OPINION: Australian Prime Minister Julia Gillard's visit to China in April was of immense importance to her personal standing, the country's foreign policy and the future of Australia's economic relationship with China. China's relationship with Australia as export destination, source of import and trading partner has grown by leaps and bounds, and despite the occasional public relations skirmish, bilateral investment ties are pretty healthy too.

The highlight of Gillard's visit was the announcement of the convertibility of the Australian dollar into the Chinese yuan (or reminibi). This is good news for Australian exporters - especially small and medium-sized enterprises (SMEs) - which unlike Rio Tinto and Woodside don't have a large enough capacity to hedge on currency.

The number of such companies is not insignificant. According to new Australian Bureau of Statistics figures, nearly 5,300 Australian companies export goods to the Chinese mainland with another 5,024 exporting to Hong Kong (mainly as a base for the mainland market). This dwarfs most European destinations and even Northeast Asian giants Japan (2,773 exporters) and the Republic of Korea (2,187). When one adds the 3,000-plus Australian companies that have an office on the mainland, the importance of Gillard's announcement increases manyfold.

According to Sensis, more Australian SMEs export to China (and ASEAN member states) than to Europe, so the Chinese market is very important for them. Much will depend on the Chinese financial services sector's development - and Australian companies like ANZ, Macquarie and AMP are helping in this regard - but the convertibility move is a good first step on the long march to seamless economic ties between Australia and China.

The other main issue of Gillard's visit was a free trade agreement (FTAs) with China, which has been at the negotiation stage for nearly a decade. While FTAs with China incite passions in countries like the United States, Canada and the ROK, in Australia the response has been relatively benign.

In fact, when the DHL Export Barometer first surveyed Australian exporters about FTAs, more exporters wanted an agreement with China than with the US or Thailand - despite Australia's historical and defense ties with the US. According to the survey, 45 percent Australian exporters' opinion about an FTA with China was positive, another 45 percent was neutral and only 10 percent was negative. This compares to a 25 percent positive rating for an FTA with the US, and 21 percent for Thailand.

There was some opposition from manufacturers (although AIG member-exporters were quite positive relative to manufacturers competing with imports) and some mixed views on market access from the agricultural sector, but an overwhelmingly positive response from resources, education, tourism and professional services sectors. The view from China was primarily positive except for concerns about the impact of open access to agricultural products, although leading agricultural representatives have noted that Australian and Chinese agricultural interests are largely complementary.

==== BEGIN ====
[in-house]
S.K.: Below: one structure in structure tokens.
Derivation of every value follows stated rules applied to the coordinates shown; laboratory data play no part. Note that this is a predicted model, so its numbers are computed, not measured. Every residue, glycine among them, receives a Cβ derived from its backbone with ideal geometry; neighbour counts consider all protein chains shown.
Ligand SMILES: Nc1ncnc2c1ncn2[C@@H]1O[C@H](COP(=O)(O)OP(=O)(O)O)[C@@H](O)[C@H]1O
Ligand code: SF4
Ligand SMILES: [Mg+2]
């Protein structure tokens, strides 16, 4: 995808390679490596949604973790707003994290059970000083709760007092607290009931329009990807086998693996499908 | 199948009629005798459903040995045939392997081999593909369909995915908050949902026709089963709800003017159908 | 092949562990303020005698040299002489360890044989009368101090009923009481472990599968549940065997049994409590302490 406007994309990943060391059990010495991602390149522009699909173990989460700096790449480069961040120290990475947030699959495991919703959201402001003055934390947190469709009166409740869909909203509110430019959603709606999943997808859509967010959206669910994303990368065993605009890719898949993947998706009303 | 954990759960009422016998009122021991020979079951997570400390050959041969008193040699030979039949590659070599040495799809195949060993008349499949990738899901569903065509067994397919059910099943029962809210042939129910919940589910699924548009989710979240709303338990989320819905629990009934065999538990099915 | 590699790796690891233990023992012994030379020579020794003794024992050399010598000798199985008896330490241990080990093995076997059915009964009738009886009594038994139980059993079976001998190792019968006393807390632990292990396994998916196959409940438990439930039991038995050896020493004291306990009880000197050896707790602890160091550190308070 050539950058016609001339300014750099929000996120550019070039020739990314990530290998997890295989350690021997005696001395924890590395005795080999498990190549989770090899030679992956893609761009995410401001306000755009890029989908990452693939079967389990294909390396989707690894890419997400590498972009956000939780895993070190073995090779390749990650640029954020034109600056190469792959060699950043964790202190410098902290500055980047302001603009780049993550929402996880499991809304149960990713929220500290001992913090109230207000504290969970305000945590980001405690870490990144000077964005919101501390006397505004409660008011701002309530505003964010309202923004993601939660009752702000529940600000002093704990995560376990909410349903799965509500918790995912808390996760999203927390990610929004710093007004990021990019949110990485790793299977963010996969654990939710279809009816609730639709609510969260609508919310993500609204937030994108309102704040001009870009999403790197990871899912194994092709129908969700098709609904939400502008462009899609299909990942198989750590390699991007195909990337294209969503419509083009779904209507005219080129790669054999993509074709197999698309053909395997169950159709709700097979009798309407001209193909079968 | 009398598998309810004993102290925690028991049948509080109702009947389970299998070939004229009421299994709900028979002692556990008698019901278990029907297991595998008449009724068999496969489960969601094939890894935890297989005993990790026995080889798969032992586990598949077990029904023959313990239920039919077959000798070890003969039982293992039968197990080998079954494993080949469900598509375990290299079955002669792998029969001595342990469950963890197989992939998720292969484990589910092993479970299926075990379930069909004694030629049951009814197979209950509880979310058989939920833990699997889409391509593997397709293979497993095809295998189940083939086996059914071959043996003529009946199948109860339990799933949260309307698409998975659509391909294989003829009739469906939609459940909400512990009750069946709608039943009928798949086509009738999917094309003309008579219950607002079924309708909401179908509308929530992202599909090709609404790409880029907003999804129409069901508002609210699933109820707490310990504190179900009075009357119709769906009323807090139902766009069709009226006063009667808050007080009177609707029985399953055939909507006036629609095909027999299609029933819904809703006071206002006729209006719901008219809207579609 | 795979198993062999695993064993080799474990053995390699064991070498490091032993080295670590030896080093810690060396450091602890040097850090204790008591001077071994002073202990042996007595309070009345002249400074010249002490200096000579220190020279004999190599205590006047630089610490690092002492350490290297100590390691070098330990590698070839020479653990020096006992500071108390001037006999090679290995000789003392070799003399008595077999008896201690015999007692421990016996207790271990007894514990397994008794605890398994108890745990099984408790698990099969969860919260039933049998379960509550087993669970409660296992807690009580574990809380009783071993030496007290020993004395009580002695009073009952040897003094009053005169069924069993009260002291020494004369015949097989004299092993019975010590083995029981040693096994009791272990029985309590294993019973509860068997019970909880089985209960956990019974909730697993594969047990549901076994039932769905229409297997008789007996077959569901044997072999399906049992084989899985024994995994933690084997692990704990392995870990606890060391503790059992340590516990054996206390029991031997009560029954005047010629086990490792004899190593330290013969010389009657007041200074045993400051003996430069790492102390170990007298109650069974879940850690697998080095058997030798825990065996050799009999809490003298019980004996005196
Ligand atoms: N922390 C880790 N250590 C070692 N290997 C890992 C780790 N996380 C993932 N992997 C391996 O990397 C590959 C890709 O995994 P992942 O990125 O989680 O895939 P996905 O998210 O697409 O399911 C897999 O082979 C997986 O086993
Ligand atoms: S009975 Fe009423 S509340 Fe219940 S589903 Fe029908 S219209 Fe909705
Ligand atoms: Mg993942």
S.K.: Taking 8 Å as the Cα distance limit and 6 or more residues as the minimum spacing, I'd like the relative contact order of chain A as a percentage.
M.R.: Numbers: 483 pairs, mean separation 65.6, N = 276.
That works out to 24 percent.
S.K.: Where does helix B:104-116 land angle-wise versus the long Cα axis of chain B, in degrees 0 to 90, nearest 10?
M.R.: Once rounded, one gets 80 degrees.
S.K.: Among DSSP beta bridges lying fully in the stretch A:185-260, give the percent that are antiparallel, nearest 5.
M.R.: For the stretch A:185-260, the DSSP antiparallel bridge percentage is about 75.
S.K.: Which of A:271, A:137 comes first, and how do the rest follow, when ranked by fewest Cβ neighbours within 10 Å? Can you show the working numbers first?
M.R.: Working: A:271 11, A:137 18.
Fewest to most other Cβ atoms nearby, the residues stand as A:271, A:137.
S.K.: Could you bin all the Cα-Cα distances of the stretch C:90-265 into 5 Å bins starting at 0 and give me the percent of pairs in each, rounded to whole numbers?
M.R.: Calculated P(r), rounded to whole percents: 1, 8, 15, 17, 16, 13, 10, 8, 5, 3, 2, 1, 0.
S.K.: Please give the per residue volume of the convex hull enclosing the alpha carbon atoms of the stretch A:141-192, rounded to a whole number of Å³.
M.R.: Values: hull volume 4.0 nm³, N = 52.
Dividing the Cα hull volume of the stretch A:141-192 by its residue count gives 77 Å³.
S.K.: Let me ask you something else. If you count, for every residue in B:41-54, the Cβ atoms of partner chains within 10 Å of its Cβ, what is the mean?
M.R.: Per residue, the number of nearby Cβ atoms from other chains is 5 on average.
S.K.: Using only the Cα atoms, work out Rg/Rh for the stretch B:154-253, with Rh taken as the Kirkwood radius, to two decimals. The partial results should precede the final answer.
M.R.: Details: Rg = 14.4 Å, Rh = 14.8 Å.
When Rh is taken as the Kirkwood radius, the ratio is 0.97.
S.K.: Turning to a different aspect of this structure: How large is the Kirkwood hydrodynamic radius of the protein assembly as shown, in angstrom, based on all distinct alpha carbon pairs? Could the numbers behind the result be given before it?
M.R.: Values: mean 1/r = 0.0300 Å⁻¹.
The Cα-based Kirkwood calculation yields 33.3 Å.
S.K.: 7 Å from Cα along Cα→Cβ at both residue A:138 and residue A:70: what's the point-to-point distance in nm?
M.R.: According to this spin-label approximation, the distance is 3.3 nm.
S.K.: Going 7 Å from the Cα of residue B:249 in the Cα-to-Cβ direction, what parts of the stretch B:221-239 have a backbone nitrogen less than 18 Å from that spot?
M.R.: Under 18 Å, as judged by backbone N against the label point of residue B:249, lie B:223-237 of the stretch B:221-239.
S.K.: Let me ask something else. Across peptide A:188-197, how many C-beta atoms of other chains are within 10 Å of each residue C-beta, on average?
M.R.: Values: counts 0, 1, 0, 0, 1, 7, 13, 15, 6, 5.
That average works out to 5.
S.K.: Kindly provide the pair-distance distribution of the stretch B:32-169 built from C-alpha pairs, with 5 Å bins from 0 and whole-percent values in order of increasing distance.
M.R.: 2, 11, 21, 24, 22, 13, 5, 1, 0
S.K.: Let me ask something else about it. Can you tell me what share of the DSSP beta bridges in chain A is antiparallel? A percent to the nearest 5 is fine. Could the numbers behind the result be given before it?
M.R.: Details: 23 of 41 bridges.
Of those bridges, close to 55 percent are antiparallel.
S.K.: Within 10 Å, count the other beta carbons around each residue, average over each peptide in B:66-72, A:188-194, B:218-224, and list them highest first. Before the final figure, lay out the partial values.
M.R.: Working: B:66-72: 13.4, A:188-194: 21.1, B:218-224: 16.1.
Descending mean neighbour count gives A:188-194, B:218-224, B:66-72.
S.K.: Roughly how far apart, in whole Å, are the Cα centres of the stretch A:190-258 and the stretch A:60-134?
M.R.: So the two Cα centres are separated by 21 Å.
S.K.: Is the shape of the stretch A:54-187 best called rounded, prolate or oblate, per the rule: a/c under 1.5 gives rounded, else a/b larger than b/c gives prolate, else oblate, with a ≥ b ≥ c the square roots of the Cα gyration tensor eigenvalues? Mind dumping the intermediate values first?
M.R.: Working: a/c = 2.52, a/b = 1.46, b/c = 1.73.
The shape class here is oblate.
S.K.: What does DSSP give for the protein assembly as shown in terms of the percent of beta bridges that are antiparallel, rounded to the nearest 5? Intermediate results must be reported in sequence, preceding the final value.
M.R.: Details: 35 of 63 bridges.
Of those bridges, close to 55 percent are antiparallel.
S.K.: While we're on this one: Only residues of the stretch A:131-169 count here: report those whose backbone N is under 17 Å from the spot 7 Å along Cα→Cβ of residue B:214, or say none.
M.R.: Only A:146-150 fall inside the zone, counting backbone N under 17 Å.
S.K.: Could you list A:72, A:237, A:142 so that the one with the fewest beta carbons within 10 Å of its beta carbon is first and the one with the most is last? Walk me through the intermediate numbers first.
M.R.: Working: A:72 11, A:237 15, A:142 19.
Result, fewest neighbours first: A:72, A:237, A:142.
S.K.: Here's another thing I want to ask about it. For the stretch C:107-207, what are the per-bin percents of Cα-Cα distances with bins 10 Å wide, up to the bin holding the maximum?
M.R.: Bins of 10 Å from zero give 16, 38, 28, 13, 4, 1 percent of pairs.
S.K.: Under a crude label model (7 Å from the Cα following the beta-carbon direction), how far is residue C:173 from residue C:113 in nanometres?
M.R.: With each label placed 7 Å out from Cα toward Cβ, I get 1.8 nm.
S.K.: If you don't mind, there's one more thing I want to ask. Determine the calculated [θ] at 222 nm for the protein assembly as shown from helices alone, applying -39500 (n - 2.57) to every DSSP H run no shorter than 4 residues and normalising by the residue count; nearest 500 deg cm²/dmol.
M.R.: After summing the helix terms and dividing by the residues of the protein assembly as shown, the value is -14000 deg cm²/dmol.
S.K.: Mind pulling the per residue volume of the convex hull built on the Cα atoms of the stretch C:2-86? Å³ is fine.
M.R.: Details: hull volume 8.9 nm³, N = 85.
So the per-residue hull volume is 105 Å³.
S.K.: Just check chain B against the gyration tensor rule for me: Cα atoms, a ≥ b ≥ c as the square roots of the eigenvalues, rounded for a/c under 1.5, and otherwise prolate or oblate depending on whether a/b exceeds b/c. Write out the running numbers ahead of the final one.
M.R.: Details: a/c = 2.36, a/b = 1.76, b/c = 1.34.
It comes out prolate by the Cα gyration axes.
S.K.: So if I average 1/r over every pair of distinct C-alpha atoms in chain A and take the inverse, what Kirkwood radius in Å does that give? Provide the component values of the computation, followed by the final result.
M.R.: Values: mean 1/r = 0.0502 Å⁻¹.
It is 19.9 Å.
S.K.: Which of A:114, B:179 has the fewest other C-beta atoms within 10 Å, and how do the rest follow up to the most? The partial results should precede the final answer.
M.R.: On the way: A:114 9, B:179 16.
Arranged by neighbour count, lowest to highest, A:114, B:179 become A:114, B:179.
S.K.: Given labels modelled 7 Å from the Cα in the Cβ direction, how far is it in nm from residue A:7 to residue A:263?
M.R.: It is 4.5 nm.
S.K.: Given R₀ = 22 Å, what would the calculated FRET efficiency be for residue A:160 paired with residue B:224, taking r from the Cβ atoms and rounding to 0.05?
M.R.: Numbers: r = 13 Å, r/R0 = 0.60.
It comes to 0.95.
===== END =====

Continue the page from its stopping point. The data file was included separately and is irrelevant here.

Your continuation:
But do we need an FTA at all? Key investments in both countries will continue with or without an FTA, but an FTA would provide a framework for streamlining the multiplicity of issues that have an impact on Australia's ties with a complex economy like China's. An FTA would certainly prove how important Australia has been as a friend of China's in key moments. Australia backed China's entry into the World Trade Organization and has supported it at multilateral forums despite the aggressive anti-China stance taken by its allies. For China, keen to ensure resource and food security to facilitate its growth and the prosperity of its 1.3 billion people, an FTA with Australia would be a desirable economic objective.

But what if China's economy slows down? There are signs of credit adjustment in China's housing market and tightening of its labor market. Indeed, Beijing's stance on currency is one of caution because of the social effects of wage-price inflation in a tight labor market. But the warning signs of the Chinese economy slowing down have not come just from foreign economists, but also from the Chinese authorities. China knows it has to adjust to slower economic growth and lay more emphasis on domestic savings and investment than exports. And to do so, it needs Australia's help.

Accordingly, the Australian prime minister's conversion offer, and overall framework for bilateral relationship, puts Australian in the right place at the right time.

Tim Harcourt is the JW Nevile Fellow in Economics at the Australian School of Business, UNSW.

This opinion piece first appeared in China Daily.